Many of the themes mentioned here are dealt with throughout the book, but near the end, Gizzi returns again to the form of the long poem—and titles it “The Outernationale” as well, a reiteration of the book’s political implications. The other poems discussed above have a sense of hesitancy in the language, but this poem does not have any hint of reticence. Gizzi moves forward, opening with a question: “So the bird’s in the hand / and now what?” and from there the poem opens up to explore the role nature plays in our present world. Much like the above-mentioned Frost poem, “Design,” Gizzi tells us that the trees “might be saying / all we need to be here” but there are simply too many distractions—or as Gizzi suggests—routines: “Everyday weather / and the everyday weatherman” and “Rain… / falling everywhere / around the boy falling digitally.” Later, the speaker in the poem notes that “The box is spitting electro- / magnetic lies into the room / again.” Gizzi’s voice here is quite different from the previous poems—and the certainty has more power largely due to the poems that come before it. Later in this section, the speaker comments that there is “Nothing more personal / than headlines,” an idea that our everyday being, our existence even, is tied to the news in one way or another. So what does the speaker say we should do with this knowledge? Are we to allow the panic from the opening poem to take over and let the “end result [be] worry, chaos”? Eventually the poem moves toward a meditation on desire and on what drives us. The speaker’s commentary is political on some level, of course, as a desire for power—or even food—can drive someone to selfish acts, whether it be waging war on a large scale or inflicting violence on a single person. The speaker wants to “expose doubt itself / to open up / the mechanics of want” in seeking to understand desire. Perception and its power returns in the poem:

                If we could say
                the world has changed,
                it has changed. If we say
                the world is the same
                then so it is. But nothing
                changes everything
                and we know this.
                We earn this the hard way.

As with the other poem titled “The Outernationale,” the speaker admits that poetry cannot change everything, though it might seem to be the only art form uninfluenced or disrupted by the destructive power of capitalism. Speaking generally, poetry can be written with disregard for money, power, or fame, and even so, Gizzi seems to admit that the only thing that can change everything is perception, not poetry. The constellations still stare down and “the little tightness / that keeps us wanting / … looking hard into the dark.” What is it that we are looking for? Gizzi’s answer is simple: “that one day / we might find ourselves lit up.” That this line directly follows the list of constellations suggests a desire to create a myth or framework that others will look to for understanding. In this poem, Gizzi highlights a common human emotion and desire: the need to be remembered—and ideally to be remembered in positive terms.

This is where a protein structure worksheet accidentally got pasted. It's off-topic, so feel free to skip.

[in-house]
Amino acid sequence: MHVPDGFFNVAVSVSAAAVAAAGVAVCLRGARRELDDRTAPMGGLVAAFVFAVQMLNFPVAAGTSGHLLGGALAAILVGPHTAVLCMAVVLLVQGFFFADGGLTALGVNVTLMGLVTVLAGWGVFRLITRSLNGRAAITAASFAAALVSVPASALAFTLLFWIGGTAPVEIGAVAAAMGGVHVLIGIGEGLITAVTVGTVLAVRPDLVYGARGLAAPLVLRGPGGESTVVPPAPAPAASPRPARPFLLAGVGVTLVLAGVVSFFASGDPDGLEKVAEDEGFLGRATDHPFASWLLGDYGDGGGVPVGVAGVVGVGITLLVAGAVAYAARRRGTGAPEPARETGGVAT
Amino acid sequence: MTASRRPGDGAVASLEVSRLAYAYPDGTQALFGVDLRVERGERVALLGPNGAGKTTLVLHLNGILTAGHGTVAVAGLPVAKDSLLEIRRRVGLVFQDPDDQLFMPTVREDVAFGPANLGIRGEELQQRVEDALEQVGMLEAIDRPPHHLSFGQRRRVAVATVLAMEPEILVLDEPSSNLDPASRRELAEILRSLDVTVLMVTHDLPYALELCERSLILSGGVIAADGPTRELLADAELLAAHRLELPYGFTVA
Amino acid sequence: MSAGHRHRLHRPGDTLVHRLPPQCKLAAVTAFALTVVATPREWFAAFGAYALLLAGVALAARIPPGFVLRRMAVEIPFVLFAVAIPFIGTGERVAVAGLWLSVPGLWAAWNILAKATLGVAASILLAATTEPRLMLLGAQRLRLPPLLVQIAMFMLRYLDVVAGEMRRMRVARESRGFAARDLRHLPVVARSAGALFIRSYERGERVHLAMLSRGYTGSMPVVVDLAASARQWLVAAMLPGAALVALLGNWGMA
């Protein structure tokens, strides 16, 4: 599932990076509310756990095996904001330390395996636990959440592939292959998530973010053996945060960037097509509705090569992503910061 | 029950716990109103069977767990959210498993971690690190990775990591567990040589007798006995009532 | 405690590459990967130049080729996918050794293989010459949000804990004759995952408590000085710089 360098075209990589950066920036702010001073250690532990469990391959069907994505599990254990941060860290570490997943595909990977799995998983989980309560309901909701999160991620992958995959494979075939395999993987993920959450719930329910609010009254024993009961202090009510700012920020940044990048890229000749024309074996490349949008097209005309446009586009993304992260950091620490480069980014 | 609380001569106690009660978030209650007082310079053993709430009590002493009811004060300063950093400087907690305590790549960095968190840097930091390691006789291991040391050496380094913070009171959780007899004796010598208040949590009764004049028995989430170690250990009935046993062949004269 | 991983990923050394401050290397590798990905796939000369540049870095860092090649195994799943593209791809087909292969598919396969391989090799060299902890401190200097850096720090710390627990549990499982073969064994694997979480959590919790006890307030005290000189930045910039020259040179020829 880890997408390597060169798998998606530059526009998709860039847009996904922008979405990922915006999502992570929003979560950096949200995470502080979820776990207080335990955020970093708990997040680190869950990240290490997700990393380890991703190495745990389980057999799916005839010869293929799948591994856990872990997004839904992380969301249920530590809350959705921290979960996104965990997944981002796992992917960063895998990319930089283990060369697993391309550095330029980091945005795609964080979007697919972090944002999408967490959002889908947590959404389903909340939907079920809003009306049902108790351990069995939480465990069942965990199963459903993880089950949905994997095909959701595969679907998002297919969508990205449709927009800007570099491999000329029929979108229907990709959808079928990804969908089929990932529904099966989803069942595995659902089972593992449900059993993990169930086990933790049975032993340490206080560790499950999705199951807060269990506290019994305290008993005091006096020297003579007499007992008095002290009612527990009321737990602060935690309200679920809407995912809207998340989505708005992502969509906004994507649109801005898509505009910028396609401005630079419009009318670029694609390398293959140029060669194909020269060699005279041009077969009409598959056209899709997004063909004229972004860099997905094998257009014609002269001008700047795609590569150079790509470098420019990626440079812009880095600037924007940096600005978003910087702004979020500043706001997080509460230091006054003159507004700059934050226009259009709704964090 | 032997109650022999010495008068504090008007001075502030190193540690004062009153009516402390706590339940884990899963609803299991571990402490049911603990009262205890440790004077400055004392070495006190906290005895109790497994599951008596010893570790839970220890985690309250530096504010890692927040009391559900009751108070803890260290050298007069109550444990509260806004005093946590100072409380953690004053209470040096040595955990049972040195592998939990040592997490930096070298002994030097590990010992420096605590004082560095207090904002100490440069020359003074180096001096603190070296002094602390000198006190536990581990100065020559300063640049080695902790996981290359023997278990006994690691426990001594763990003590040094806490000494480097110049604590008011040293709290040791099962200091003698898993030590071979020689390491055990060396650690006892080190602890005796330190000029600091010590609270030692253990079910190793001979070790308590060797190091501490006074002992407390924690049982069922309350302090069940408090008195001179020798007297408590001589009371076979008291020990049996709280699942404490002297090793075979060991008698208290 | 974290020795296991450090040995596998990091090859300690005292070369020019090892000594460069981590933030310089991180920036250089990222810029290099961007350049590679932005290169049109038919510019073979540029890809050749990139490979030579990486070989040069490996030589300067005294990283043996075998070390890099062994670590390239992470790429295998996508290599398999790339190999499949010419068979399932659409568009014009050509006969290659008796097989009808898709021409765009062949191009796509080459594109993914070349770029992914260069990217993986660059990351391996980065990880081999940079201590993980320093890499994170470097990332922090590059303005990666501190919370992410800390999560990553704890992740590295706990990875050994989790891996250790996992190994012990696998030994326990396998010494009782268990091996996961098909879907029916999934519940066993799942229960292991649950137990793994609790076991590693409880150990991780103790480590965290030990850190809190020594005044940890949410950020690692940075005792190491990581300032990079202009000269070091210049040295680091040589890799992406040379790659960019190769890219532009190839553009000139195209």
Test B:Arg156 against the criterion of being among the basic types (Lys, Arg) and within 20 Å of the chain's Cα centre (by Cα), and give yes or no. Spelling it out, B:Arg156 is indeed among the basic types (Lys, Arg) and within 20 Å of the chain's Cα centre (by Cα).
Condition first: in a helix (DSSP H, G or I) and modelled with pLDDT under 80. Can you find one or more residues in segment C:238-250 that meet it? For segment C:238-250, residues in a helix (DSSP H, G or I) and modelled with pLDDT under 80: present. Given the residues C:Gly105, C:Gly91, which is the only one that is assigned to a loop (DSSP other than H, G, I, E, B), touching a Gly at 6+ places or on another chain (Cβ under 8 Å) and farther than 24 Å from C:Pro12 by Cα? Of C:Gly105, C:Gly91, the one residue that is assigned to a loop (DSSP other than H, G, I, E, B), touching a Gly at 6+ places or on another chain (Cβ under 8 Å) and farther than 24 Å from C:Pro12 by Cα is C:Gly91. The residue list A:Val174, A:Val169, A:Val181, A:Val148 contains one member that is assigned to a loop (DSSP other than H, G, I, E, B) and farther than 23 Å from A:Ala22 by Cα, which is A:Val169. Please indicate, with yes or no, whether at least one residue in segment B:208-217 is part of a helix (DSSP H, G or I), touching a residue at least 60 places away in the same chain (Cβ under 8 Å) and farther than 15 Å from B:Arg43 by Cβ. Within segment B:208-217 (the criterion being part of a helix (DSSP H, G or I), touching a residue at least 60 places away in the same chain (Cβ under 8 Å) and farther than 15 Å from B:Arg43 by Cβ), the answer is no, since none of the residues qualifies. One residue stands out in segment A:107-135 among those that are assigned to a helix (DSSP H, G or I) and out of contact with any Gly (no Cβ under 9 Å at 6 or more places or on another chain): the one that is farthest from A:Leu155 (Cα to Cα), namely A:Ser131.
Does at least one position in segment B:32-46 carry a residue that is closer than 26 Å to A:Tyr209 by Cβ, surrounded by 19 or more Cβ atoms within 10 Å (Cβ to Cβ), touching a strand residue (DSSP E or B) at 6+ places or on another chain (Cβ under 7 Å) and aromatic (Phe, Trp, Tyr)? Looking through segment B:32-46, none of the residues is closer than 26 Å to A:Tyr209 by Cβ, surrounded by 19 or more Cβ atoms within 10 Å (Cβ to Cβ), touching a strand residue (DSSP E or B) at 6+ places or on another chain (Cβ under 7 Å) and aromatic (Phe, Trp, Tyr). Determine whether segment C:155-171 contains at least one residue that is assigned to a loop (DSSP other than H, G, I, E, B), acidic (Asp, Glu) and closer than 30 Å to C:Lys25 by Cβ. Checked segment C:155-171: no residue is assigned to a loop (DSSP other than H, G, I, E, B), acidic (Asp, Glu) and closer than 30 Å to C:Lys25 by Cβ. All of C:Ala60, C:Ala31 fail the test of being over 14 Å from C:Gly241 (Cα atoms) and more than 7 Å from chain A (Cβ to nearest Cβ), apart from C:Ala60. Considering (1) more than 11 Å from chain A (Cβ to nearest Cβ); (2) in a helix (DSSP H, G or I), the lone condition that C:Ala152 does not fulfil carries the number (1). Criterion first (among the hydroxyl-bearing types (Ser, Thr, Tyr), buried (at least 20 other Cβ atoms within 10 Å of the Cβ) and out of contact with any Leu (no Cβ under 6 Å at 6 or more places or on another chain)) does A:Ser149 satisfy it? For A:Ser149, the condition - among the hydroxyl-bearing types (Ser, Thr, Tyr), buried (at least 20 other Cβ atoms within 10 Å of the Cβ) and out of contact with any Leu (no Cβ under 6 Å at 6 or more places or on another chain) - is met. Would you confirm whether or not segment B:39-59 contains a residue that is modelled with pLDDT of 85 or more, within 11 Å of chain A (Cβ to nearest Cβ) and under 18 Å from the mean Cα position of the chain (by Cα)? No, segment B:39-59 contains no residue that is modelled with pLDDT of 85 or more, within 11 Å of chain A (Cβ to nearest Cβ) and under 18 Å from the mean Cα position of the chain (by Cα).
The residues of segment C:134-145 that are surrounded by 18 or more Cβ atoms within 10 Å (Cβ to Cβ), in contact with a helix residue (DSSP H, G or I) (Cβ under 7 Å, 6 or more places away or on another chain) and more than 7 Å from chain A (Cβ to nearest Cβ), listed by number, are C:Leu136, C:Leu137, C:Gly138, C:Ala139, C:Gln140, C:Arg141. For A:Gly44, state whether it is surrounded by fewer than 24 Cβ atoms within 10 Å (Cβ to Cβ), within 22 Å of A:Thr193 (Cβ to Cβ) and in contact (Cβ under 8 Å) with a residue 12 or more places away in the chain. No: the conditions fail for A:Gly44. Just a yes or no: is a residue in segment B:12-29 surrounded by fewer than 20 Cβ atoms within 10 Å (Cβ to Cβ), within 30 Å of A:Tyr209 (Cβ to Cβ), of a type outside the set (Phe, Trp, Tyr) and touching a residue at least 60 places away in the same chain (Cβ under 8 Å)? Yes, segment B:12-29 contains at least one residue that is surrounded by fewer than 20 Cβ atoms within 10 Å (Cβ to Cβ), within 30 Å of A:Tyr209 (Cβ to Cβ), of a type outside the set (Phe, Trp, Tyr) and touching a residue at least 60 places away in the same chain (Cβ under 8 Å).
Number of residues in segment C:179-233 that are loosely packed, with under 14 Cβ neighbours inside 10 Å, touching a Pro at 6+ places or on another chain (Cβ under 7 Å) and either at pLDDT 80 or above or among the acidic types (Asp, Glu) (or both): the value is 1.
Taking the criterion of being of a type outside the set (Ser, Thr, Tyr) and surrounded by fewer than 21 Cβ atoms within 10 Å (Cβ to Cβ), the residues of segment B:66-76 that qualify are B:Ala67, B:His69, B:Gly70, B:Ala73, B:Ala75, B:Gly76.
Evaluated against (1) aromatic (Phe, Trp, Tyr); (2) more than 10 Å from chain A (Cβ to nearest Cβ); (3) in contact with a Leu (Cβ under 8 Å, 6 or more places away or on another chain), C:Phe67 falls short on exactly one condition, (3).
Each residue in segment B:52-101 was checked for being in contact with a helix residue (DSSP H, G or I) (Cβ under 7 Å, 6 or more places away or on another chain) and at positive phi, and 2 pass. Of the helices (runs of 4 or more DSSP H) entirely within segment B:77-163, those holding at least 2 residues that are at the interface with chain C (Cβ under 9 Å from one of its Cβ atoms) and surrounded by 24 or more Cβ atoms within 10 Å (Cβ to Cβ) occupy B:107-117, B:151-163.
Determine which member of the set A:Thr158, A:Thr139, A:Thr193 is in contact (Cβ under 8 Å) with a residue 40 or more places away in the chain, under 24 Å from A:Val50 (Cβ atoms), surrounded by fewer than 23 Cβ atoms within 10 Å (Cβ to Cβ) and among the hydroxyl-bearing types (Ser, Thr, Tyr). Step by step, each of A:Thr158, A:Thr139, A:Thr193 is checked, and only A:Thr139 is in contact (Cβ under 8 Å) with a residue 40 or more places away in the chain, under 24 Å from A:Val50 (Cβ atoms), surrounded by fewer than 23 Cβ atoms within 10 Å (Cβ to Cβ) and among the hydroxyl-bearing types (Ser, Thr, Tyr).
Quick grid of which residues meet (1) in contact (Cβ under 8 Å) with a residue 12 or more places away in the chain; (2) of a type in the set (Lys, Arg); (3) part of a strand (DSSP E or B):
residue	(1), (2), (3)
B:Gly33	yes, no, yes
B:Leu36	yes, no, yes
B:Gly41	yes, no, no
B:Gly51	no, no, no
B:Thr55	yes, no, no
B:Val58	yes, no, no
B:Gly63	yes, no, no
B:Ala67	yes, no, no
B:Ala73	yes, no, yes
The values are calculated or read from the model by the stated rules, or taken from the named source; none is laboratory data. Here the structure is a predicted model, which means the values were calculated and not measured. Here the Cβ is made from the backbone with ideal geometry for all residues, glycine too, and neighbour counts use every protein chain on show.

As Wojahn notes in his article, many poets are writing about the war, as evidenced by the “Poets Against the War” website which includes poems that seem to be less successful simply because of their didactic quality. Interestingly, Peter Gizzi’s “Protest Song” from The Outernationale appears on this site, but Gizzi’s poem stands out from the others. His poem is one of negation, rather than active participation with the war and the ideas behind it:

                This is not a declaration of love or song of war
                not a tractate, autonym, or apologia

                This won’t help when the children are dying
                no answer on the way to dust

                Neither anthem to rally nor flag flutter
                will bring back the dead, their ashes flying

                This is not a bandage or hospital tent
                not relief or the rest after

                Not a wreath, lilac, or laurel sprig
                not a garden of earthly delights

Gizzi’s poem, a protest, speaks to the fact that poetry cannot bring the dead back to life or even be a “bandage or hospital tent.” In expressing poetry’s shortcomings, Gizzi suggests that we must arrive at something greater in order for the war to stop and for the children to stop dying. Is this poem a political one without the title? Of course. But the true power of Gizzi’s work can be seen in the place where the poems arrive—they don’t necessarily start with “delight and end in wisdom.” Gizzi’s poems end holding a mirror up to the reader, perhaps the most effective political commentary of all.


Works Cited

Bell, Marvin. Mars Being Red. Port Townsend, WA: Copper Canyon Press, 2007.

Burt, Stephen, Daisy Fried, Major Jackson, and Emily Warn. “Does Poetry Have a Social Function?” Poetry Foundation. 15 Nov. 2007. http://poetryfoundation.org/archive/feature.html?id=178919

Gizzi, Peter. The Outernationale. Middletown, CT: Wesleyan Poetry, 2007.

Wojahn, David. “Maggie’s Farm No More: The Fate of Political Poetry.” The Writer’s Chronicle. May/Summer 2007: 21-31.